Reportaje de Mateo Bueno
The lowland of the Chitwan region gives you a very different flavor of Nepal. Compared to the Himalayan region 100 miles north, Chitwan is a savannah with dense vegetation that borders the rivers where you can still spot wild rhinos, elephants, giraffes, and tigers. Its also hot as F. This time of the year, it’s about 95 F and going cheap on hotels and sacrificing AC is not an option in this region.
That may be one of the reasons why the fancier/stylish sign of Sapana Village Lodge stood out on the side of a dirt road.
I follow the road and park at a driveway where I’m welcomed by the friendliest staff. They serve me a cold drink and insist on a quick walk to the restaurant area to see the lodge before deciding if I want to check in there or not.
They probably know that their conversion rate from prospect to guest doubles as soon as people see the restaurant. The open dining area looks out to the savannah where elephants may be bathing and the snowy Himalayas continue to shine in the horizon.
These people know what they’re doing. This is probably a large hotel company running this Lodge and a few others in Nepal.
At dinner, I happen to sit next to a man who glows through his eyes. He has a kind of magnetic energy that draws you to him and you only want to ask him questions. I meet his wife and his daughter who are sitting with him, and over dinner he tells me his life story.
Dhurba, meaning North Star in Nepali, was born in the nearby village of Sauraha to farmer parents. He was dirt poor growing up – as in farming without shoes and sleeping on a dirt floor. At 13 he decided to apply for jobs at restaurants and began his career as a waiter and restaurant host. At 19, while while working at the restaurant, he met a Dutch couple who connected with him for some reason (probably that charismatic energy) and they asked him – “What’s your dream in this life?”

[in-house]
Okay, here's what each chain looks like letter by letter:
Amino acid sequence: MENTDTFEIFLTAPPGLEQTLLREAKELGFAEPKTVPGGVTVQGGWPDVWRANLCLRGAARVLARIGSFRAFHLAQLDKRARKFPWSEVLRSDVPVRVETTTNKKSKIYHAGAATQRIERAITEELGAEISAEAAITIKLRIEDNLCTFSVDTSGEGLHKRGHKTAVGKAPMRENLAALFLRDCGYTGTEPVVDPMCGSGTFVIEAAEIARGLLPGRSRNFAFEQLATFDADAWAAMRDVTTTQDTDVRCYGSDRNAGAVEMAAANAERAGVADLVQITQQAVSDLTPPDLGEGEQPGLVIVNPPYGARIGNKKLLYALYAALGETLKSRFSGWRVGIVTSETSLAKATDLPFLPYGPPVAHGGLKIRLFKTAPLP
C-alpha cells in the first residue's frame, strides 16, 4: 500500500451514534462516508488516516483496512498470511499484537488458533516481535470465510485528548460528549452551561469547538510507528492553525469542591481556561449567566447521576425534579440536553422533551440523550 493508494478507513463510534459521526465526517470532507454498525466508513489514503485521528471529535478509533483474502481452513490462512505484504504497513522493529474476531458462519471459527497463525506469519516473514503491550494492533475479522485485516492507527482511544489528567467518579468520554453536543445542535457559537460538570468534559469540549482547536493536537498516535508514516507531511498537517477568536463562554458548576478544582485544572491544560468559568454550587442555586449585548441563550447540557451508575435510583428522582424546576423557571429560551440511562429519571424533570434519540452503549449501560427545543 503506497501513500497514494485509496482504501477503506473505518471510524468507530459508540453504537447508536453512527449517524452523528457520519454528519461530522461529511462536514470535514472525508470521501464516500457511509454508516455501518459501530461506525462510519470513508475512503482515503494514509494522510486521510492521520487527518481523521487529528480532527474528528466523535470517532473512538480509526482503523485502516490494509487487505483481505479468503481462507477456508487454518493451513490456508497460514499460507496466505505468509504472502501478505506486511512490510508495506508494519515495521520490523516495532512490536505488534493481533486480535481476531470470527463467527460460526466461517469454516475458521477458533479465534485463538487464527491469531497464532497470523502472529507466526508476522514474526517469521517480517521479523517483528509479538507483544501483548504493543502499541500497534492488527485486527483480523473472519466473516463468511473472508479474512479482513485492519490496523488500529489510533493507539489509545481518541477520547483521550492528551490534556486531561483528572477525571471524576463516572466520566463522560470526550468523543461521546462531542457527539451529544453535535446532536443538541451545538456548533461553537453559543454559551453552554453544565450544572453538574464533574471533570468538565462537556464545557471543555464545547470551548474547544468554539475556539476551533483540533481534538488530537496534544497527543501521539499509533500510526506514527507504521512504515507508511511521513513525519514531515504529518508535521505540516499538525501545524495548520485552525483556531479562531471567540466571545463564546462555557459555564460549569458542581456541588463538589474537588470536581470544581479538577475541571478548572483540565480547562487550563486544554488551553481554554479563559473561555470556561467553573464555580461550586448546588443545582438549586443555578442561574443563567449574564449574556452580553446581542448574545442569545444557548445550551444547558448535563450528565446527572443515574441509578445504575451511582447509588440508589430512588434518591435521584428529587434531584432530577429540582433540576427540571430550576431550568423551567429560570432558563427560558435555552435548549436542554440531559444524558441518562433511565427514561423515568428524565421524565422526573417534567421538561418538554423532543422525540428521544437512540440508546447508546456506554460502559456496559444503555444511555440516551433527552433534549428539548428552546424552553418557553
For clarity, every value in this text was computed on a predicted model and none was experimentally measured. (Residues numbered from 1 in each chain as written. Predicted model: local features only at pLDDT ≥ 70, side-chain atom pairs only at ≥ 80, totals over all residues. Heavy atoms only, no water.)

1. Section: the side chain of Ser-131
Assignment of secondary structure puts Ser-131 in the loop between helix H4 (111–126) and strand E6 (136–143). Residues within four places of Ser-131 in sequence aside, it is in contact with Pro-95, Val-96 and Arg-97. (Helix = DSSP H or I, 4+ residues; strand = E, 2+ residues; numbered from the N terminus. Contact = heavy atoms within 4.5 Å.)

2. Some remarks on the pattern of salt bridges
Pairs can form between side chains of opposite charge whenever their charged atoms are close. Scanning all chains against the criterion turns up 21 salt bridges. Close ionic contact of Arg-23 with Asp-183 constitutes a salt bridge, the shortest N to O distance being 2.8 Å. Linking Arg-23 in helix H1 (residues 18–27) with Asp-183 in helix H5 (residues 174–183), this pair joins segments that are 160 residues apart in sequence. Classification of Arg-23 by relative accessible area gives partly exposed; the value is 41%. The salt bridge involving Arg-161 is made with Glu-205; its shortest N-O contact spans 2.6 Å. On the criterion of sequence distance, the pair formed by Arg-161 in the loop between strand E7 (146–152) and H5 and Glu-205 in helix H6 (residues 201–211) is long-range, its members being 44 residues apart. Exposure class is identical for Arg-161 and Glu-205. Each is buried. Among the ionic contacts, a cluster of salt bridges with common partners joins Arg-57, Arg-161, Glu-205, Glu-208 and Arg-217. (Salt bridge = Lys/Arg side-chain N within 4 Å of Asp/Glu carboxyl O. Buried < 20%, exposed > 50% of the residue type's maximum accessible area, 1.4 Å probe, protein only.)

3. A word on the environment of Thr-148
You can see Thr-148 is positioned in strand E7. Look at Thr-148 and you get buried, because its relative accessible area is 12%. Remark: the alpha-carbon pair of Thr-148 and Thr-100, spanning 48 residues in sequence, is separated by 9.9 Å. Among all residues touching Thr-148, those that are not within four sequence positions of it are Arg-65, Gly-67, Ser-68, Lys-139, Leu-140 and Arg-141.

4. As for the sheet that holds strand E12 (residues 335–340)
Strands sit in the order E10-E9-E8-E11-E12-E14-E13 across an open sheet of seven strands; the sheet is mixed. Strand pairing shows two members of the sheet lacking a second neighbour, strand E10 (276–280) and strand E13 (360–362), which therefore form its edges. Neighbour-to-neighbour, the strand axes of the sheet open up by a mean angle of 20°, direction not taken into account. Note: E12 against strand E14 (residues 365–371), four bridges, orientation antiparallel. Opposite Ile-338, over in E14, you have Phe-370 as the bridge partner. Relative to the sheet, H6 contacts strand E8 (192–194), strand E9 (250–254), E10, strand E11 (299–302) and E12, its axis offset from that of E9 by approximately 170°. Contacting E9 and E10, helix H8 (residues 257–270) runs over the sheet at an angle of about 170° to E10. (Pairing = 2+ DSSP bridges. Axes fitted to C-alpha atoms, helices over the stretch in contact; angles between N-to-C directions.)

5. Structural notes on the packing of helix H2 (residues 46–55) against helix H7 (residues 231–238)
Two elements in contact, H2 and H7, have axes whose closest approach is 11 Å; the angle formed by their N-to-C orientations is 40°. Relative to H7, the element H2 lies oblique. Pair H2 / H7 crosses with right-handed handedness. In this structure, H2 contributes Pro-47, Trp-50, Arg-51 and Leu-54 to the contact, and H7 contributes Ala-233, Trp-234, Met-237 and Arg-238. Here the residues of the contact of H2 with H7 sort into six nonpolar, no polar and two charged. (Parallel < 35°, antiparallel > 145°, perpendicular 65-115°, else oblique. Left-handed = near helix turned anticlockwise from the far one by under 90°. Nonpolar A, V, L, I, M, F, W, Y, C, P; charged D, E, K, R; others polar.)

He hadn’t thought about it much before but he somehow answers what he knew his dream was: to start a business, a hotel business, that can generate enough money for him to start different community projects for his village to thrive.
They ask how much he would need to get it started, he says $5K They say “Good luck with that but let’s keep in touch”.
In 10 months, they wire him $5K and a note: “This loan is for you. You can either have an amazing party or you can follow your dream. No hurry in paying us back.”
At 20, Dhurba leases his first hotel knowing nothing about hospitality. The only thing he brings to the table (other than great food) is open ears. He listens to each customer and acts on each piece of feedback. He somehow knows that he has to make up for his 3rd grade education by listening intensely to each customer and digging for knowledge that every guest brings – from marketing, to customer service, to hiring and accounting – he learns how to run a world class hotel.
The Dutch come to stay at his hotel after 5 years and he tells them: “I can pay you back now, or I can use your money to buy land to build my own and do it the way I now know I want to do it.”
He buys the land overlooking the Chitwan savannah and builds his dream, eco hotel to call it Sapana – “dream” in Nepali. The Sapana village has the best rooms I stayed at in India or Nepal, a spa, unreal cuisine, and remarkable staff.
With the revenue he is bringing in, Dhurba is funding Sapana Social Impact Project – an umbrella organization that has built an incredible Montessori-type school for the local village, a women’s skill center that trains women on traditional arts and crafts that the hotel and guests can buy, an authentic Airbnb-type experience for guests who wish to stay with locals and experience how the locals cook and live. All proceeds from the projects go to the village.
At the school, parents are asked to pay what they can. For those who can pay little or nothing, they are asked to work what they can at the school’s organic farm to grow the food for the kids.